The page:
I have a growing suspicion that the way many Chinese people understand the word “racism” (or “racist”) is quite different from the way I use it. This causes communication problems because I use the term “racism” like most North Americans do, but my Chinese acquaintances react in ways that don’t seem to make sense. Obviously there’s a disconnect. I want to know why my Chinese friends and acquaintances react the way they do to the term “racism”. How are they understanding this word?
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Jan 20

By BI Yantao, China

An international conference on Struggle Against Sexism and Racism is to be held in London January 31 to February 8, 2009. More than 150 participants from 21 countries will attend it.

The 10-day conference consists of 5 five seminars to discuss respectively:

1. Grassroots Struggle Against Sexism and Racism: an International Comparison;
2. Our Debt to Haitians – the First to Abolish Slavery;
3. Rape and Prostitution – A Question of Consent;
4. Invest In Caring, Not Killing: Valuing the Work of Caring for People and the Planet;
5. Rediscovering Tanzania’s Ujamaa –Tribute to the Great Ntimbanjayo Millinga and the Ruvuma Development Association.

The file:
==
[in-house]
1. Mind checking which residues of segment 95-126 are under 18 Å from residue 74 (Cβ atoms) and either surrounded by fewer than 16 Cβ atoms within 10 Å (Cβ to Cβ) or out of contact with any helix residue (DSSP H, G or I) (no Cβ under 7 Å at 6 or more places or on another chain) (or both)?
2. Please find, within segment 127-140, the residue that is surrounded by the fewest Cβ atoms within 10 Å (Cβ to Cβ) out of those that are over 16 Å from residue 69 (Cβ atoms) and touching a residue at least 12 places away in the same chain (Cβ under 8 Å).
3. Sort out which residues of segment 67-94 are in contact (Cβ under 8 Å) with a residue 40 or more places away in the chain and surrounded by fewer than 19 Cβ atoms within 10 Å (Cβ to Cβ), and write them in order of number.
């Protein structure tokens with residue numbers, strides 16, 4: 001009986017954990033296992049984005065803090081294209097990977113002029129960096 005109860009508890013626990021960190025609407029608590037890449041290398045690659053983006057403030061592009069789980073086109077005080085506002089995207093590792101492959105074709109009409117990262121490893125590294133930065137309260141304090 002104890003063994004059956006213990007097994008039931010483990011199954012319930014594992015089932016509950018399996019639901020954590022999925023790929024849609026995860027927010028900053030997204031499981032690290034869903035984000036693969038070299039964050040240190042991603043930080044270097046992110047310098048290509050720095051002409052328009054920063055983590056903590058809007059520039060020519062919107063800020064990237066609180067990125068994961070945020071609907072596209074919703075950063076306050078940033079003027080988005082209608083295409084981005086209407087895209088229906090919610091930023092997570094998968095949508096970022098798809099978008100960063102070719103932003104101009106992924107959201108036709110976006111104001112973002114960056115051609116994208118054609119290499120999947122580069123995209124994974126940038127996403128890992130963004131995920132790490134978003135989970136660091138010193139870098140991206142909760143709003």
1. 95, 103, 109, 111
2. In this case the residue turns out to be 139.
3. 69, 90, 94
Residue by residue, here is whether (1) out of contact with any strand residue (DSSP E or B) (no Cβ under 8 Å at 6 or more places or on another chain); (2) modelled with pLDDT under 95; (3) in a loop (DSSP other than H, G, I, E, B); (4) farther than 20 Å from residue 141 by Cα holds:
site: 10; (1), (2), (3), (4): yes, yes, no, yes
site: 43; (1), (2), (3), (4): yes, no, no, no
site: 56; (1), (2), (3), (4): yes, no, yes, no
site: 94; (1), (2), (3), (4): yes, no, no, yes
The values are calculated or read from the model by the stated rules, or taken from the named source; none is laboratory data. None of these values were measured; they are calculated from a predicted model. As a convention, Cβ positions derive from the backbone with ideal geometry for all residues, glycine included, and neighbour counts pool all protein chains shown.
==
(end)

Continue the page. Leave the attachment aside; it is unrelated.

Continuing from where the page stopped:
This conference is organized by Global Women Strike and International Women Count Network, two grassroots organizations which are headquartered in London.

The organizers say, Mothers who produce all the workers of the world are not considered contributors to the economy and must fight for every penny to feed families. Some are fighting to survive floods, droughts or other climate catastrophes. Others are separated from their children. Domestic workers who produce time for others are marginalized and exploited. Rural workers who grow the food we eat are the most neglected.

Invited by International Women Count Network, Miss Wang Shumei, a rural woman from mainland China, will attend this international gathering. She will introduce the effect of China’s reform and opening-up on its political, economic and social ecology in the countryside. Wang Shu Mei will exchange experiences with grassroots women from other countries. On her return, she will be reporting back on these common concerns.

It is noticeable that this international event will be staged at the Venezuelan Embassy in London.

Oct 14

It’s common knowledge that when it comes to racial remarks, Chinese people (and perhaps Asians in general) are not the most politically correct people in the world.  We’ve had extended discussions about “racism” in China (see, e.g., Chocolate City post by Buxi).  Recently, I came across an interesting article in Times Magazine (in relation to the U.S. Presidential politics) regarding racism in Asia.  Unfortunately, I believe the author falls into many pitfalls that many Westerners make when it comes to Asian racism. Continue reading »